Kubernetes Introduction-Nagendra

Features of containers

 collection of containers

Replication Controller

Storage Management

Resource Monitoring

Health Checking


Helm Charts

POD Distrubution

Cluster Federation

How kubernates works?

Kubernetes supports several base container engines, and Docker is just one of them. The two technologies work great together, since Docker containers are an efficient way to distribute packaged applications, and Kubernetes is designed to coordinate and schedule those applications.

What are the components in master?

API Server


Controller Manager




What are the component of workers?

A Kubernetes cluster consists of a set of worker machines, called nodes, that run containerized applications. Every cluster has at least one worker node

  • kubelet
  • kube-proxy
  • and PODS. Each POD can have multiple containers as required

Components of Workstation

  • kubectl
  • creation of json/yaml file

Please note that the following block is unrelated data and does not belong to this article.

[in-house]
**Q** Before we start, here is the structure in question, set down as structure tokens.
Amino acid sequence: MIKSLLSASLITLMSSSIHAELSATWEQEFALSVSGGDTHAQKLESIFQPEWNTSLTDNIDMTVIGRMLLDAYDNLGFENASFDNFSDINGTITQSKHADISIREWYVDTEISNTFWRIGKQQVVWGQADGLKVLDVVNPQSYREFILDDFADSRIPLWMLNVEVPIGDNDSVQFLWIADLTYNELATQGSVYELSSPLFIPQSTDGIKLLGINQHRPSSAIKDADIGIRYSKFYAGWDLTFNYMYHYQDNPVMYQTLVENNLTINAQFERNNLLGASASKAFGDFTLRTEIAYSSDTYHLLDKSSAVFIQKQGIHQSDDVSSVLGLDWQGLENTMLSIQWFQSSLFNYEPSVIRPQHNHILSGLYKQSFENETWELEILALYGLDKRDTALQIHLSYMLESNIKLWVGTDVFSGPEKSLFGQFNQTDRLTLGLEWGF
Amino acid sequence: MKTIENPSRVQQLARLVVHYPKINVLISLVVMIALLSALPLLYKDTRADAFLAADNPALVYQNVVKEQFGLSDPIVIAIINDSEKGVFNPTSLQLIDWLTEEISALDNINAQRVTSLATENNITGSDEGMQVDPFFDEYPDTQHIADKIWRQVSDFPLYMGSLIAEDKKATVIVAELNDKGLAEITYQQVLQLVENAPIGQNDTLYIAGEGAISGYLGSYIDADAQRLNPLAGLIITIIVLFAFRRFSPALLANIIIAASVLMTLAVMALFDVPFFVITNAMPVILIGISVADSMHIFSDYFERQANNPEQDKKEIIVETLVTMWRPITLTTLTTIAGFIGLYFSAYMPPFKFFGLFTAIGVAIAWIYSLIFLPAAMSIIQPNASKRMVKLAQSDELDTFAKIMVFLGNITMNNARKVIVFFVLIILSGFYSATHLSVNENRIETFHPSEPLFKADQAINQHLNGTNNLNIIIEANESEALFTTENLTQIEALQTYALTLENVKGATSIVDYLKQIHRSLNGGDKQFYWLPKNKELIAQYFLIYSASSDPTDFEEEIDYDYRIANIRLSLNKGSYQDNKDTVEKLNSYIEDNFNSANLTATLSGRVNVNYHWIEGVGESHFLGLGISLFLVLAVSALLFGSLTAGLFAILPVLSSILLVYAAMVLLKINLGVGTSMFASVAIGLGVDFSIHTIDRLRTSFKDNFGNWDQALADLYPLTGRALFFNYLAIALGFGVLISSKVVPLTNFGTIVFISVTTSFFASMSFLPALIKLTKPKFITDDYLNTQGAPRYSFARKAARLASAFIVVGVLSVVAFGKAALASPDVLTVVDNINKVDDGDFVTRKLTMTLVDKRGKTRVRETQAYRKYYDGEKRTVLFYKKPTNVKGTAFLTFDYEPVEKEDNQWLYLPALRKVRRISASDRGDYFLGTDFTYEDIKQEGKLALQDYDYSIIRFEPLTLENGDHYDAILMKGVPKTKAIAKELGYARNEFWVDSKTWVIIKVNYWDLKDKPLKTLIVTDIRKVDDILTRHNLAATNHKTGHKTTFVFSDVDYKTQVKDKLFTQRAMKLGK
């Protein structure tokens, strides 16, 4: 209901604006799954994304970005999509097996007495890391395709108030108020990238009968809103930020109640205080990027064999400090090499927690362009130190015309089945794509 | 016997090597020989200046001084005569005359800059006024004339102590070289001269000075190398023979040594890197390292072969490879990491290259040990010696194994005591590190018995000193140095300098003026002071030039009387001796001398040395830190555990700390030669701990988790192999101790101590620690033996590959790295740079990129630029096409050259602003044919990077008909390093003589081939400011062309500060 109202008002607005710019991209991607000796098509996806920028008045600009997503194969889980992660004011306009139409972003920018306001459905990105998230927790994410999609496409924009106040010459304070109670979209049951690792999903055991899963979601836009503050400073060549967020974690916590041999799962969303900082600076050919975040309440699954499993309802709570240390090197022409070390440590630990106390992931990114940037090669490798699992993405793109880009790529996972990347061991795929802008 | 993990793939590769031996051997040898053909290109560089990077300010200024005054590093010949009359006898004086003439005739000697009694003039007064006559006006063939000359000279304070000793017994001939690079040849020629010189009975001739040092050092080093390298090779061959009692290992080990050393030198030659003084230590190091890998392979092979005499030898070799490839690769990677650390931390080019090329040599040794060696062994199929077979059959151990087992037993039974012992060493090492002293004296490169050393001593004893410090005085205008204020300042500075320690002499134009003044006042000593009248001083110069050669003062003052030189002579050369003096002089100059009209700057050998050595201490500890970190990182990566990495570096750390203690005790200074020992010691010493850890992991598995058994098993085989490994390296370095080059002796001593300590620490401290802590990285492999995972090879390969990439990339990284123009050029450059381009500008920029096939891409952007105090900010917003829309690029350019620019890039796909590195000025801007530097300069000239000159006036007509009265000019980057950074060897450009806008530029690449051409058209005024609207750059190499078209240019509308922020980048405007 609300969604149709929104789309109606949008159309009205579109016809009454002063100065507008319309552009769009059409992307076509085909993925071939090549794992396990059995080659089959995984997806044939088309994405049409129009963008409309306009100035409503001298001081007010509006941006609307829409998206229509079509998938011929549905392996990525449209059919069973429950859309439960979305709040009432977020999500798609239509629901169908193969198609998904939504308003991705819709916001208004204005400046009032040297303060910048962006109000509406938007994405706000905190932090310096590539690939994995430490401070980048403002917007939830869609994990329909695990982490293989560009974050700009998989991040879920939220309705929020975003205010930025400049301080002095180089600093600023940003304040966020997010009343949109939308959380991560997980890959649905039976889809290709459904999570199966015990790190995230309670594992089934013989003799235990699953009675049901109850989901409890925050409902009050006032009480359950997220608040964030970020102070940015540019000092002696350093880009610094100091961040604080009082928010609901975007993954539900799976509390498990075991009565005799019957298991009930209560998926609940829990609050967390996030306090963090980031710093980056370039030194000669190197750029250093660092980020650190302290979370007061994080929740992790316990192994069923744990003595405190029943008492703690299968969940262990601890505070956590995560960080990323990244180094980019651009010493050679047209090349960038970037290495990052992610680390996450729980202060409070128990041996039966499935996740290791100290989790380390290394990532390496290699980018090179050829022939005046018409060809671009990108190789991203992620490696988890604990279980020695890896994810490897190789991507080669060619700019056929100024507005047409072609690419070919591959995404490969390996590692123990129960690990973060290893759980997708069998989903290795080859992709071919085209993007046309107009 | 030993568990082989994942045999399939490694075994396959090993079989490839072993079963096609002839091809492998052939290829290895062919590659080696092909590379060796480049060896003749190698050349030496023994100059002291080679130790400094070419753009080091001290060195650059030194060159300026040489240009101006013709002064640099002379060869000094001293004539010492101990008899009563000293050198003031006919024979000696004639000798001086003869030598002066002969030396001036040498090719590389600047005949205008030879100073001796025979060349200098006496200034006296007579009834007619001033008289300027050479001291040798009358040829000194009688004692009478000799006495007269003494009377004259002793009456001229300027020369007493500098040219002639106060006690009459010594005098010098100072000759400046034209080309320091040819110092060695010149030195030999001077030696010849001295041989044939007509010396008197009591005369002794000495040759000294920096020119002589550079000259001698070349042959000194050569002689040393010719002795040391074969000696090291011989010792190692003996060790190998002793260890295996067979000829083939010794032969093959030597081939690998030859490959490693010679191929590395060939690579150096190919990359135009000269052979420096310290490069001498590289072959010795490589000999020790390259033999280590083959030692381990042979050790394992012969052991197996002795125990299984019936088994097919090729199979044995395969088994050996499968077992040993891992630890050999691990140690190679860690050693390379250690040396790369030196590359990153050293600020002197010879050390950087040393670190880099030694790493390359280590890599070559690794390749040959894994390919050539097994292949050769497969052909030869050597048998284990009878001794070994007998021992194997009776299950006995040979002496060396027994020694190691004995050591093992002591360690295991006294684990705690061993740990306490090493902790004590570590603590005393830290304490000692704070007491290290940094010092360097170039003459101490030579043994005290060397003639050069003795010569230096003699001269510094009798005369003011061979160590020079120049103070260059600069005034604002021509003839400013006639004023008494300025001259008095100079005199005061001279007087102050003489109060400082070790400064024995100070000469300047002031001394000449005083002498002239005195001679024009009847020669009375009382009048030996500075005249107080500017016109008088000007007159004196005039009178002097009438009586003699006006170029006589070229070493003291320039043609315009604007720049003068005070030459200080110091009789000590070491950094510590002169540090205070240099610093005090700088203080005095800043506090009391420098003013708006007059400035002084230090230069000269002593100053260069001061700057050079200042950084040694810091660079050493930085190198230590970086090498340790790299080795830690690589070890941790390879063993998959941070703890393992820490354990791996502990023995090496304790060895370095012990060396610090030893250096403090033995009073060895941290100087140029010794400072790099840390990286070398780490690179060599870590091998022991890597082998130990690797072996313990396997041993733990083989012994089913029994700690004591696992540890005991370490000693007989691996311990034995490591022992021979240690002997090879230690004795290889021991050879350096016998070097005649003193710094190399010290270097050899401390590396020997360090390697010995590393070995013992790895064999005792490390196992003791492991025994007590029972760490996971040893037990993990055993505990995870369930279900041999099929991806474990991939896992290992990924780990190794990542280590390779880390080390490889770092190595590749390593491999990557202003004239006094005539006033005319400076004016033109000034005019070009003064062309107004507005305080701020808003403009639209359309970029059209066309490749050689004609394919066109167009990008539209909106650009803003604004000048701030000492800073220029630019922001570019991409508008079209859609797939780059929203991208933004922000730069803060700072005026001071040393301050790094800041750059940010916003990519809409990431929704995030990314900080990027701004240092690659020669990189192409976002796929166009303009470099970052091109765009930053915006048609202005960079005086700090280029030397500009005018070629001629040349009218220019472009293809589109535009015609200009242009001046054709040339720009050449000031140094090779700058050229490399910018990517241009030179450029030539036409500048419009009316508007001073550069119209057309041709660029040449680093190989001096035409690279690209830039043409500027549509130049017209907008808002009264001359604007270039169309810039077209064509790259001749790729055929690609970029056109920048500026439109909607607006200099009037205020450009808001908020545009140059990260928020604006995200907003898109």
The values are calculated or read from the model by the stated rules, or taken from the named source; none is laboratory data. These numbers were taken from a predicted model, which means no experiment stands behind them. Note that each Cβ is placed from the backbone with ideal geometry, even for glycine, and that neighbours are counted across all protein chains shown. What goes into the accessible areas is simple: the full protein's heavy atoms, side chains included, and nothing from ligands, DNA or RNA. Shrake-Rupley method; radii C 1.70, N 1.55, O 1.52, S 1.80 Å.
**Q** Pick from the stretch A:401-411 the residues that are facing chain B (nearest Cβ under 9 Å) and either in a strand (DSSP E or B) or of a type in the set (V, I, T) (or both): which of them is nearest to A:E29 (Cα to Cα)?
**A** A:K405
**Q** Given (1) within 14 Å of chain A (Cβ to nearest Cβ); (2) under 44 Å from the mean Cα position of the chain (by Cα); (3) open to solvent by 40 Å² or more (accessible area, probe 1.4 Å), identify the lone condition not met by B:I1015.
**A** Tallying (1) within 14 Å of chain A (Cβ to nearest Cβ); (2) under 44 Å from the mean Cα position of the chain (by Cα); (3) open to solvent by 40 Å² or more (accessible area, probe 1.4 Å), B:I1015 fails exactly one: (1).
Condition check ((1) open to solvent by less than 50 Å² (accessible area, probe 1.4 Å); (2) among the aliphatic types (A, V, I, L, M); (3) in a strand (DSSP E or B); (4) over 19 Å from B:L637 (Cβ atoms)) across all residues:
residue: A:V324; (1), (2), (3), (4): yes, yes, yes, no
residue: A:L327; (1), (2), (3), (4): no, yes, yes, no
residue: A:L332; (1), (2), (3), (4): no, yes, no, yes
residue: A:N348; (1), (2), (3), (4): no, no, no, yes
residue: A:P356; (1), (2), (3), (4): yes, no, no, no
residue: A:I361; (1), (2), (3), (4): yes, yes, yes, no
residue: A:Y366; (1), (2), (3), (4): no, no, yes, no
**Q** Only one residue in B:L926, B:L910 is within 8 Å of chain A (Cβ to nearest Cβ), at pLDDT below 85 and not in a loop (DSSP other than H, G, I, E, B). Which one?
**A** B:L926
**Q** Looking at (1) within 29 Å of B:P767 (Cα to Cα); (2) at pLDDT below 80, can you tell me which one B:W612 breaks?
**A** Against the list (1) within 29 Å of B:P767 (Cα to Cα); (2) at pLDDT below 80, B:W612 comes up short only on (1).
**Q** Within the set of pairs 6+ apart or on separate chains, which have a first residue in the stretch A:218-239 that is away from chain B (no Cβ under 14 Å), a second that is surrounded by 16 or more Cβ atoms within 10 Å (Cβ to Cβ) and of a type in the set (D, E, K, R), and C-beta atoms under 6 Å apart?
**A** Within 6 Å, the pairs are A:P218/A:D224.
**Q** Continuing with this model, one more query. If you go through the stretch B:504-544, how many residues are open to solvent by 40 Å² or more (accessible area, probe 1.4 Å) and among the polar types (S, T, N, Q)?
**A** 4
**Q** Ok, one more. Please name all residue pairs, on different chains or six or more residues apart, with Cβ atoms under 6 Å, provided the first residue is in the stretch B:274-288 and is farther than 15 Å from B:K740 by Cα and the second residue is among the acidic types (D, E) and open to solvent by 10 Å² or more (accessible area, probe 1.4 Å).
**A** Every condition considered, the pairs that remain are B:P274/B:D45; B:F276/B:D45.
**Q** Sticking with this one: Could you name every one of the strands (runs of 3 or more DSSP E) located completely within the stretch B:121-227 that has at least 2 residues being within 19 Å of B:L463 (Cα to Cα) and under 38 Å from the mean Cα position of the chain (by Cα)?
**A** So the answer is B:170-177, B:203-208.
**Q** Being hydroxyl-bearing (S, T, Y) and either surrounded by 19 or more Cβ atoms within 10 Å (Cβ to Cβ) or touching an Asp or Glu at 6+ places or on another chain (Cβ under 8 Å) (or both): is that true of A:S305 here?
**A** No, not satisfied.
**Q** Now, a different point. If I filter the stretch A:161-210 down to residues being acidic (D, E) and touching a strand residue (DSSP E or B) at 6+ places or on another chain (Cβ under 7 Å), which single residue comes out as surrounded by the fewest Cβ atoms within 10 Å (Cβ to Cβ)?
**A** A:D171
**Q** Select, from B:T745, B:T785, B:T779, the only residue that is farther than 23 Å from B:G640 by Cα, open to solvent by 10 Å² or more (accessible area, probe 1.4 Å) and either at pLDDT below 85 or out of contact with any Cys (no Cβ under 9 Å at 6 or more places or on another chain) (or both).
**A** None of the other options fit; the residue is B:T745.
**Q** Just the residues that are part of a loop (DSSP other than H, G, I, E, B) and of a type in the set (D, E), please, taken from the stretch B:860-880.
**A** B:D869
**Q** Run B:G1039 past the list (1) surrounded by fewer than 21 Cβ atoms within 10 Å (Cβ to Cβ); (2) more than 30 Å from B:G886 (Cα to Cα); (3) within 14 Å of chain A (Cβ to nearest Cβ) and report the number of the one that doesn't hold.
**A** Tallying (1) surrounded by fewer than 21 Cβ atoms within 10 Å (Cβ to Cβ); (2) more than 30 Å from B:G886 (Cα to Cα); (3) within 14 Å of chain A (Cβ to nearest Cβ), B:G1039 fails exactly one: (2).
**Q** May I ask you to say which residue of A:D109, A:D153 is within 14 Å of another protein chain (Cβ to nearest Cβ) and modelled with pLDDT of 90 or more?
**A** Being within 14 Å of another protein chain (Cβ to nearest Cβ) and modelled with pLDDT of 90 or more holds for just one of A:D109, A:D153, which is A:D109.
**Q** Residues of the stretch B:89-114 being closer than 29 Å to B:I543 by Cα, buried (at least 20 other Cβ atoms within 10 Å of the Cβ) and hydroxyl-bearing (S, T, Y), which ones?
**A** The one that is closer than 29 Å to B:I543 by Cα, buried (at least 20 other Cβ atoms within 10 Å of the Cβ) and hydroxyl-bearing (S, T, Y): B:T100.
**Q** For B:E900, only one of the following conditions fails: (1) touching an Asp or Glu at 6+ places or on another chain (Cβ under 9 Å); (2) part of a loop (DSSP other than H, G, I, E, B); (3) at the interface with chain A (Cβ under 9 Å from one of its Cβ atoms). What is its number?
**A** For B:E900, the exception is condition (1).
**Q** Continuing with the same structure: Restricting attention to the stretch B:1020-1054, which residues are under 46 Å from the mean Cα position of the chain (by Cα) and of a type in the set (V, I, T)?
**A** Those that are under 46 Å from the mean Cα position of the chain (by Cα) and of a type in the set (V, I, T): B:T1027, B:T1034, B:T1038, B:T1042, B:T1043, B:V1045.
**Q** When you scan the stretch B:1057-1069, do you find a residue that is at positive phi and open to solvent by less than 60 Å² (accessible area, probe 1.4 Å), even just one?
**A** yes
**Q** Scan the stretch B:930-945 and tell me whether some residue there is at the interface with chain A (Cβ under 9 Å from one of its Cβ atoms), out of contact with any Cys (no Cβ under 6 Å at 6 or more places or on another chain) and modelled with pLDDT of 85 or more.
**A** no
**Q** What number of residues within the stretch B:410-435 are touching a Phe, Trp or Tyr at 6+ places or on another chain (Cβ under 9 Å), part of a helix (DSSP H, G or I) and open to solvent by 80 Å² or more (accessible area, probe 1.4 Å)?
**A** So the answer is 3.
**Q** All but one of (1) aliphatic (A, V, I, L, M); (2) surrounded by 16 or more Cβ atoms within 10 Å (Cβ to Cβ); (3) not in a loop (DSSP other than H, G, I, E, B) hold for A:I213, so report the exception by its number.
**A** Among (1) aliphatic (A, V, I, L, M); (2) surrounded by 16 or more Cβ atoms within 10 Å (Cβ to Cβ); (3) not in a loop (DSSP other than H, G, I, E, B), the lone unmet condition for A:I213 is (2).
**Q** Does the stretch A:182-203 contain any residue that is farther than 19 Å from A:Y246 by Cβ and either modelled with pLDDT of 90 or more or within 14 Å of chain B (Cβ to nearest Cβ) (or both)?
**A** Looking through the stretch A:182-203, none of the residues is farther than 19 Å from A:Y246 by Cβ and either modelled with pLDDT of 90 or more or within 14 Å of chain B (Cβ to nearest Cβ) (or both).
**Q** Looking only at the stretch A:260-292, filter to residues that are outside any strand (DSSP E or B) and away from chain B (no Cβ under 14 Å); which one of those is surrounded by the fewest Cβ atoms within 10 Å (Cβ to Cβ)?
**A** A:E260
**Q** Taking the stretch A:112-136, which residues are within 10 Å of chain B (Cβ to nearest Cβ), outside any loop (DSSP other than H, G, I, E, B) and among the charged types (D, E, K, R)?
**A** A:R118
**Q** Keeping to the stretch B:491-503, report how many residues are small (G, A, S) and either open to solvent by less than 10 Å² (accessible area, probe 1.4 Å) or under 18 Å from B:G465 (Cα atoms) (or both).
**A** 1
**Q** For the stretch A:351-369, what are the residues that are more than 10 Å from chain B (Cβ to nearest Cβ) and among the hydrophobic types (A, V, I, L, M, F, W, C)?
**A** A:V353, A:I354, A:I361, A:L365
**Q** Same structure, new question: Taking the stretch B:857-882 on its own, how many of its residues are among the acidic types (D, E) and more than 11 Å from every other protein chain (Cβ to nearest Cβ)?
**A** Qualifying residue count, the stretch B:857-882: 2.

Pods are the smallest, most basic deployable objects in Kubernetes. A Pod represents a single instance of a running process in your cluster.

Pods contain one or more containers, such as Docker containers. When a Pod runs multiple containers, the containers are managed as a single entity and share the Pod’s resources. Generally, running multiple containers in a single Pod is an advanced use case.

  • Pods represent the processes running on a cluster. By limiting pods to a single process, Kubernetes can report on the health of each process running in the cluster
  • a unique IP address (which allows them to communicate with each other)
  • persistent storage volumes
  • configuration information that determine how a container should run
  • Pods are created by workload resources called controllers, which manage rollout, replication, and health of pods in the cluster. For example, if a node in the cluster fails, a controller detects that the pods on that node are unresponsive and creates replacement pod(s) on other nodes
  • Although most pods contain a single container, many will have a few containers that work closely together to execute a desired function.
  • Pods are almost always created by controllers which then can automatically manage the pod lifecycle, including replacing failed pods, replicating pods when necessary, and evicting the pod from cluster nodes when they are complete or no longer needed